Investment overview shows deals getting larger in Wisconsin

The latest investment overview from the Wisconsin Technology Council shows a “slight downtick” in the number of deals made last year, though the average size for those deals increased. 

That’s according to Tom Still, president of the Tech Council. He gave a preview of the group’s yearly Wisconsin Portfolio publication yesterday at a luncheon in Madison. The full report is set to be published in about a week. 

Starting in 2012, Still said the investment picture in Wisconsin began to show improvements in both the number and size of deals. Since then, that growth has been “fairly steady — at least in terms of dollars or deals or some combination thereof.” 

He said that shows “that we’re getting on the map in terms of a place that has good deals, that has good value around those companies that have strong valuations.” 

The average size of deals in 2018 increased “quite a bit,” Still said, reaching about $2.3 million. And the median deal size also went up significantly, “again reflecting that the deals are getting larger,” he said. 

Still noted the number of deals for more than $1 million has also increased, from 35 in 2017 to 47 last year. 

“Investors are putting more money into the companies they are investing in, and part of that is there are some more follow-on rounds as well,” he said. “As they mature, you’re seeing investors follow on, which I think is healthy too. It shows we’re producing more companies that are gaining traction.”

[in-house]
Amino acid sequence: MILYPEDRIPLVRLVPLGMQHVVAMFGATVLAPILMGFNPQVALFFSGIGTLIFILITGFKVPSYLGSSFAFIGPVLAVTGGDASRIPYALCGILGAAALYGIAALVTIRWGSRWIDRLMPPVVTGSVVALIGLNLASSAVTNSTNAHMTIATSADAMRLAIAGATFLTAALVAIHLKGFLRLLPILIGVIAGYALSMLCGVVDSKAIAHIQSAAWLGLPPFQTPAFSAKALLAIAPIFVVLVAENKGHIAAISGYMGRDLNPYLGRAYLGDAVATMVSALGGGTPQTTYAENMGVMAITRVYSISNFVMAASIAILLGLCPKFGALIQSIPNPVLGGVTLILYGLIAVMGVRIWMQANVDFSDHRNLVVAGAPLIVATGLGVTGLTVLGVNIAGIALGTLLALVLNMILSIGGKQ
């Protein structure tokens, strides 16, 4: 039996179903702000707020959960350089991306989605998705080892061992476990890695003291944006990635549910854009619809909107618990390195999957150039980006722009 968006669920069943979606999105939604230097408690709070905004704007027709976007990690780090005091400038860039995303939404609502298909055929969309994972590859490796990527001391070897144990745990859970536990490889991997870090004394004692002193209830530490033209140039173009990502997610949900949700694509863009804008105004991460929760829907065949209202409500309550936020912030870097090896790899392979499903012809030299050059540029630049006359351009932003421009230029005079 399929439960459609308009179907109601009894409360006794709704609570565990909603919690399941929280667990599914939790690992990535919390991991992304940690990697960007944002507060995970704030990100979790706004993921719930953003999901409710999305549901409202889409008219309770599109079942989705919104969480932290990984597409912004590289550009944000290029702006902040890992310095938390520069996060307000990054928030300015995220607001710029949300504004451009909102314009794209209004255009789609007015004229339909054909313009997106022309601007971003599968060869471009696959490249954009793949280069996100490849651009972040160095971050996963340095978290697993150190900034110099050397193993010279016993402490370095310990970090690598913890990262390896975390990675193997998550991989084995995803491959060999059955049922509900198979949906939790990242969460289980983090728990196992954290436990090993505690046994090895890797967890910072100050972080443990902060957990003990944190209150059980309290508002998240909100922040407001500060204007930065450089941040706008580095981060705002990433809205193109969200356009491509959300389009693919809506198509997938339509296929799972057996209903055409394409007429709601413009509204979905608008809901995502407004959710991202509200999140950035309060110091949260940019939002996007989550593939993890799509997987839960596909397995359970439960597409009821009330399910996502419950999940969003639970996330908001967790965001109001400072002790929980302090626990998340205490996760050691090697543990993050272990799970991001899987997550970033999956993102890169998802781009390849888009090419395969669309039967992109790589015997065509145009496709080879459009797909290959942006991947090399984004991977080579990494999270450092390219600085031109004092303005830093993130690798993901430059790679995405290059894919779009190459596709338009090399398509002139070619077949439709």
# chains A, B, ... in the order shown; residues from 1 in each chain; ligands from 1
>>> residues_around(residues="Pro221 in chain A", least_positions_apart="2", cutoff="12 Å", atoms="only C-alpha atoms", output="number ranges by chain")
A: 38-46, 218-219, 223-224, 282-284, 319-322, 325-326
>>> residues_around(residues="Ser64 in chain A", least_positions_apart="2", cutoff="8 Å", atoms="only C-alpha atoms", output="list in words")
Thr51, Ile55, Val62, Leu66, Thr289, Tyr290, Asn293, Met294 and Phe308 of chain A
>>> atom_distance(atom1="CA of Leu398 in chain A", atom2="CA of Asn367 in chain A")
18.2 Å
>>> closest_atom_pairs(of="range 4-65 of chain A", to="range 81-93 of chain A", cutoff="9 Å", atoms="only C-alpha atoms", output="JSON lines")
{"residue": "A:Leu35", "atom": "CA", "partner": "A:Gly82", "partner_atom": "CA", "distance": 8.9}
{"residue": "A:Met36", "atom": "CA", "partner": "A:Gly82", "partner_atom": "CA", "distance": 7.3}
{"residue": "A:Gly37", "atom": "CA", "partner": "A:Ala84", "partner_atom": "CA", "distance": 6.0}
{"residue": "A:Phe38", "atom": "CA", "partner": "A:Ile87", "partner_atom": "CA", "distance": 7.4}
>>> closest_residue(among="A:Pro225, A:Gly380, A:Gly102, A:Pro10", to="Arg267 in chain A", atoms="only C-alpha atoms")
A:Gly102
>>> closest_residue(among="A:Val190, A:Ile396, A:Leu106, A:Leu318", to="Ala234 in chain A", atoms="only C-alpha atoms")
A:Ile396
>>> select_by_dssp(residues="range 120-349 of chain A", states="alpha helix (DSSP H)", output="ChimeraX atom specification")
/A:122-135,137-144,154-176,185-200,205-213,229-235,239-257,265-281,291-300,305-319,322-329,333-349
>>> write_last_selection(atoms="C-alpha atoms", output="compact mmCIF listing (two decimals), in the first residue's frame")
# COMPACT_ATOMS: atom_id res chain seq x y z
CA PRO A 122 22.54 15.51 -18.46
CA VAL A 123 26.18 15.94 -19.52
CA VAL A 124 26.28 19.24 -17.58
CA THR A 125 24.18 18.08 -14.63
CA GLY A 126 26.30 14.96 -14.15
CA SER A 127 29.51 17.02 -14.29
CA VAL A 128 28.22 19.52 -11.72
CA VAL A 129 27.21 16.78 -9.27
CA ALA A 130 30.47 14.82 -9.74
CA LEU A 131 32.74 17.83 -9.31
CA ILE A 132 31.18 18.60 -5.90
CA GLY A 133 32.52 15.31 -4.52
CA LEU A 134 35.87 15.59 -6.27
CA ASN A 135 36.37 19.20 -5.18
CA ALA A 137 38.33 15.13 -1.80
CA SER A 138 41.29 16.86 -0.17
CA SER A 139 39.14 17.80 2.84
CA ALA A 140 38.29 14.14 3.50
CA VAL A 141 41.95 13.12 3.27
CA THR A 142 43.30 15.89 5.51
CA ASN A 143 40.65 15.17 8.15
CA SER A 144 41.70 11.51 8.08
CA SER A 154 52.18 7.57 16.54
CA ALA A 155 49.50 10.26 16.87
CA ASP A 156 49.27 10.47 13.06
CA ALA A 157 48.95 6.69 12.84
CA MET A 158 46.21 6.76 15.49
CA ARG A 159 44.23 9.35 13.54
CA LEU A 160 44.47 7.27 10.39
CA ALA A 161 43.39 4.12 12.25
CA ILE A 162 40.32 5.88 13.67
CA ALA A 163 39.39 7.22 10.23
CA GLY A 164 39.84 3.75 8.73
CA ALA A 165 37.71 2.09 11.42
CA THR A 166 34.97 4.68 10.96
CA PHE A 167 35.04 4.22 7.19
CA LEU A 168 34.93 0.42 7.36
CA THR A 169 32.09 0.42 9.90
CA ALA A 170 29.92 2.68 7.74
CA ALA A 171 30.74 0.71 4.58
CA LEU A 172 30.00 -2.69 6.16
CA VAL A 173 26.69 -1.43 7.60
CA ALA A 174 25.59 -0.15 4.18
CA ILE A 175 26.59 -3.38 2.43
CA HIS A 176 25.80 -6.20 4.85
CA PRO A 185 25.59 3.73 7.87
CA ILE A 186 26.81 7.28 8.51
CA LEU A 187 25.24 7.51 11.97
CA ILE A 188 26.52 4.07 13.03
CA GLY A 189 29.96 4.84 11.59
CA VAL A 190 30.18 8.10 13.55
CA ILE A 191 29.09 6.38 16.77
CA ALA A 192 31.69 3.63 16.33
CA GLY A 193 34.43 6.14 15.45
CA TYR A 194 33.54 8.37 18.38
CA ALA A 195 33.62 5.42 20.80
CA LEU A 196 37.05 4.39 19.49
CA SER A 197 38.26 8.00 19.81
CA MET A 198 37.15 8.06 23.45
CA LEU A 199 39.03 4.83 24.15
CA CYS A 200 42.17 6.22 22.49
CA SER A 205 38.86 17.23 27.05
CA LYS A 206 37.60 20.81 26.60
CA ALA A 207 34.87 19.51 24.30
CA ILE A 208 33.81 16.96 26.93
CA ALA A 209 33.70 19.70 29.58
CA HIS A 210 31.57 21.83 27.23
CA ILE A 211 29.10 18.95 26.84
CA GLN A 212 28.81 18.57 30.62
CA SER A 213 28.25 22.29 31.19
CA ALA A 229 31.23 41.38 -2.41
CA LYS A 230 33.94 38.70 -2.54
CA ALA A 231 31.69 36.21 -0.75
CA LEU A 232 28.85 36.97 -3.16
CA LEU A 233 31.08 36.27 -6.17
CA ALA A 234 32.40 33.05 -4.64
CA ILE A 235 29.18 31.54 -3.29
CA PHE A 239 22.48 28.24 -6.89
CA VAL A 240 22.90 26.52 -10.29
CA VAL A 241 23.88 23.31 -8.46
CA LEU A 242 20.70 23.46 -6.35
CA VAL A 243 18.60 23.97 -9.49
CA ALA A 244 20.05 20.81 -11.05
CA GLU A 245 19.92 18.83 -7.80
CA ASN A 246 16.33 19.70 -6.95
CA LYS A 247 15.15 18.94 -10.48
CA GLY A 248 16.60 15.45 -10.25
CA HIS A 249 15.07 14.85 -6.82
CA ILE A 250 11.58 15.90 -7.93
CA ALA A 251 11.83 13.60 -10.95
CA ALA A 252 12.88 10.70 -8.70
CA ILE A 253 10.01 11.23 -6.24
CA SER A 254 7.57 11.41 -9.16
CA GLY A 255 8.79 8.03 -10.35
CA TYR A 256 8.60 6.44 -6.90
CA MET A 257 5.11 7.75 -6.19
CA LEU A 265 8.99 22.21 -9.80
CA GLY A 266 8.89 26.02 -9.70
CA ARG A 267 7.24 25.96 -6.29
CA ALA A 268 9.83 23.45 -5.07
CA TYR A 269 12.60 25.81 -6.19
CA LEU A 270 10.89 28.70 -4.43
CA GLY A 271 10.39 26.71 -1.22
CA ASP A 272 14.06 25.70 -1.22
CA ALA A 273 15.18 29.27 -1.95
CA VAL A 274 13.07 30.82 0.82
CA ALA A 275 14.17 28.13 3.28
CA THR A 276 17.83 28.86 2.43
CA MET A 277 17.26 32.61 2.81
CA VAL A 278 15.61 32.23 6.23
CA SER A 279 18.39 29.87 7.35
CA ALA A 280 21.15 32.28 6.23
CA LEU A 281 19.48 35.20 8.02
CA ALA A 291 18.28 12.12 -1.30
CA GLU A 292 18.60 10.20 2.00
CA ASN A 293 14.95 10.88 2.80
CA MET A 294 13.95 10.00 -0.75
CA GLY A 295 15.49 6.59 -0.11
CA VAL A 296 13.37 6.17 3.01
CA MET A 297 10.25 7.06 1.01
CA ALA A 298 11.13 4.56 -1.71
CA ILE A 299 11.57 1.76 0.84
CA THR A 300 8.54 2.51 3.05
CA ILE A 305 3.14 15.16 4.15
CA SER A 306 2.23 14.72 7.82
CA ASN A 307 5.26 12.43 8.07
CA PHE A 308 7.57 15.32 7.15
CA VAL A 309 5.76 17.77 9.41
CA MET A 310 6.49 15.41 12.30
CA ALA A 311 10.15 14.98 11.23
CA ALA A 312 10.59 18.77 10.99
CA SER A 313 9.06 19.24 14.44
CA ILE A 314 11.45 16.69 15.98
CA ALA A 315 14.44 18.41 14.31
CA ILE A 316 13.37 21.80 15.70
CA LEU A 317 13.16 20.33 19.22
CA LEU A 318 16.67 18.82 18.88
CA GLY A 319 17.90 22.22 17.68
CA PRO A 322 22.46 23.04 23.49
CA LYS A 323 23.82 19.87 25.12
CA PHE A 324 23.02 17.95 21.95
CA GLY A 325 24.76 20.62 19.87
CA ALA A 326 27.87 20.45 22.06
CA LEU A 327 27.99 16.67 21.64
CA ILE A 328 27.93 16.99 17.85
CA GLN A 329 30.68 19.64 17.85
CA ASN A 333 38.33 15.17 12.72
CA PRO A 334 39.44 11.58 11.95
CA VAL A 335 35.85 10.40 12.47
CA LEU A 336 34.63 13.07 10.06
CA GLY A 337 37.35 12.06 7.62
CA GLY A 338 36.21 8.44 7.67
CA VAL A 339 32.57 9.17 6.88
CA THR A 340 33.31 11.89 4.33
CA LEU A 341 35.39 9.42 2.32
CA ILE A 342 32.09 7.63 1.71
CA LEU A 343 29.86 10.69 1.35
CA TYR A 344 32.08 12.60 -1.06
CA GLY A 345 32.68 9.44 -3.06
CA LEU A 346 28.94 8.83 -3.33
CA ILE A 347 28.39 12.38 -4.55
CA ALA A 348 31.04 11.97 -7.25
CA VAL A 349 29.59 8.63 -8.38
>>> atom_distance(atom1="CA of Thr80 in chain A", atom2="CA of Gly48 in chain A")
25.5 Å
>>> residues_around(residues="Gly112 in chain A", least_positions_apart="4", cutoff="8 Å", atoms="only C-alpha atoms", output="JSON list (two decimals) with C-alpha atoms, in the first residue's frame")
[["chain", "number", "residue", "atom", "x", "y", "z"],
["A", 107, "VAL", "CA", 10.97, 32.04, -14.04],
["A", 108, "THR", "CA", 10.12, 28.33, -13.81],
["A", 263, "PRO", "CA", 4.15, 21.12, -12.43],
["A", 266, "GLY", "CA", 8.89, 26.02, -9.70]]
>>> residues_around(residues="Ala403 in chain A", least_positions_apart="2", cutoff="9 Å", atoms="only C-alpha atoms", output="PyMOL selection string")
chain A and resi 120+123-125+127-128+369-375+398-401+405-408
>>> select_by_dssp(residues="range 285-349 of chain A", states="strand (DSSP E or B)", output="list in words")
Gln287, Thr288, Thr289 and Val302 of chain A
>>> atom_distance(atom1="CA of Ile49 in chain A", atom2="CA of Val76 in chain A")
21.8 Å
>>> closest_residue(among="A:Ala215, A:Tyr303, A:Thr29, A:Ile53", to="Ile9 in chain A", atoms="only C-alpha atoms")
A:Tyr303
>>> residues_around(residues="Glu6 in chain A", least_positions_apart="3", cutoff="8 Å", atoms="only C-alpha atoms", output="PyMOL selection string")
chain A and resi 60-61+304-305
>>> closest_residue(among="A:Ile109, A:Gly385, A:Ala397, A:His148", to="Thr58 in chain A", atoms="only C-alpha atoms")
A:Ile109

As in previous years, health care and information technology were the two most popular areas for investment. 

On the regional level, the Portfolio doesn’t show much change, according to Still. The Madison area still accounts for about 55 percent of all deals made in the state, which he said is “not surprising for a variety of reasons.” 

“UW-Madison helps drive a lot,” he said. “You’ve got the entire health IT ecosystem here, you have software in general, you have gaming — you even have in Dane County itself a lot of advanced manufacturing. So that’s important.” 

Still said the Milwaukee area “continues to show some strength” in terms of investment. And he noted increased collaboration between entities in Madison and Milwaukee. 

He also said the Fox Valley area is showing improvement in its investment ecosystem. 

“That’s all good, because we really like to see Wisconsin as a whole move ahead,” Still said. “I realize it’s going to be a largely urban focus, but that’s the nature of that game. And at the same time, we are seeing more activity outstate.” 

In analyzing the numbers from 2018, the Tech Council has found fewer women-led and women-owned businesses landing investment — about 15 percent, which is down a few percentage points from previous years. 

“I’m not sure what that means; that maybe it’s a blip, or maybe there just needs to be more women out there doing that entrepreneurial work, and more women investors,” Still said. 

This year’s Portfolio will be the 11th annual report on this subject from the Tech Council. The report also includes data from public and private sources, as well as survey results from members of the Tech Council Investor Network, which now includes about 40 different angel, venture capital, family and corporate funds. 

–By Alex Moe